Ethics Hero Emeritus: Shelia Washington, 1960-2021

Shelia Washington

Shelia Washington is a sterling example of how a dedicated, passionate citizen can repair gaping wounds in history and law.

Washington died last month, but not before fulfilling a self-assigned mission. She accepted that mission at the age of 17, when, as a native of Scottsboro, Alabama, she found a book hidden under a mattress at her home while she was doing some cleaning. Her stepfather told her to hand it over. “You don’t need to know about that,” he said. “Just keep quiet about this now.” The book was “Scottsboro Boy,” a 1950 memoir by Haywood Patterson, an innocent young man who was convicted four times by all-white juries and sentenced to death three times.

Washington did not obey her stepfather. To the contrary, Washington set out to obtain posthumous justice for the nine young black men known as The Scottsboro Boys, who were falsely accused of raping two white women in 1931. They were subjected to many trials at the height of the Jim Crow era, two reaching the U.S. Supreme Court. The ugly story of the Scottsboro Boys became the country’s most sensational civil rights case up to that point. Their tragic story later inspired feature films, documentaries, a Broadway musical, and was a factor in shaping the plot of Harper Lee’s 1960 novel, “To Kill a Mockingbird.”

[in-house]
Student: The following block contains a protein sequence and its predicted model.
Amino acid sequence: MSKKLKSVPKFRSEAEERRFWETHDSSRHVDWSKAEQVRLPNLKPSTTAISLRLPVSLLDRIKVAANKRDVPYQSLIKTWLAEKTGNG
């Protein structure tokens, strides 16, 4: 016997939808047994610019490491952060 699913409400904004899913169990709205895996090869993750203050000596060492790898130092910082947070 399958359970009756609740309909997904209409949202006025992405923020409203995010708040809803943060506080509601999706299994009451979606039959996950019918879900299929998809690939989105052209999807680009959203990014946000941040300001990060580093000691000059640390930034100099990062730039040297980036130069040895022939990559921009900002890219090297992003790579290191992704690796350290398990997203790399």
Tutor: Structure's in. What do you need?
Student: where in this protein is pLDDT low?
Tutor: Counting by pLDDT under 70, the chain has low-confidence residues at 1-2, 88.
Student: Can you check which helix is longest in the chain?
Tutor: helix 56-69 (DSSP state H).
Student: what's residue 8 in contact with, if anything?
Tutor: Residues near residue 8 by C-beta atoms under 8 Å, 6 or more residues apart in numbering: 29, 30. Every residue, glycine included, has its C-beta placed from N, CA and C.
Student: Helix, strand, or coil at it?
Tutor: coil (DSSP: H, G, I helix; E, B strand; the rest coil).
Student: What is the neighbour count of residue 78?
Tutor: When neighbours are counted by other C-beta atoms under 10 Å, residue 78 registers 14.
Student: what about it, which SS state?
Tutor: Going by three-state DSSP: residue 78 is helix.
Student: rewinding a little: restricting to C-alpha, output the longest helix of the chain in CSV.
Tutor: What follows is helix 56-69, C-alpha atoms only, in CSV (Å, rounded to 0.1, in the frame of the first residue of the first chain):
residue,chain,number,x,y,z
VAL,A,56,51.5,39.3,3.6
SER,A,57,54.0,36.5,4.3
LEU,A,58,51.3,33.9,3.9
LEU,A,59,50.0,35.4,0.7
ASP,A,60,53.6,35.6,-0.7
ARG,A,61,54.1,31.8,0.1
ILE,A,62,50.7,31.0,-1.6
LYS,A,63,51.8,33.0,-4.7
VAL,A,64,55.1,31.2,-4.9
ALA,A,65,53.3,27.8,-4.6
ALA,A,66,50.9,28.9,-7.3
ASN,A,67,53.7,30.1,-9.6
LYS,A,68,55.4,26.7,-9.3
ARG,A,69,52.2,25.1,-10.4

Yet how many Americans today can tell you anything about The Scottsboro Boys?

The nine Scottsboro Boys were Patterson, Olen Montgomery, Clarence Norris, Ozie Powell, Willie Roberson, Charlie Weems, Eugene Williams and brothers Andrew and Roy Wright, ranging in age from 13 to 19. None was from Alabama; just four of them even knew each other when they hopped a freight train on March 25, 1931, seeking work in other cities as the Great Depression raged.

The free riders got into an altercation with a group of white hobos. Several of the white men left the train in Scottsboro, and told authorities they had been attacked by “niggers.”

A posse met the train at its next stop and arrested the nine teens. First they were charged with with assault, but two young white women on the train said they had also been assaulted by the group. That was enough for all nine of the black teens to be charged with rape. They were locked up the county jail in Scottsboro, then with a population of 2,300, and almost lynched by a white mob. The National Guard had to be called out to protect them.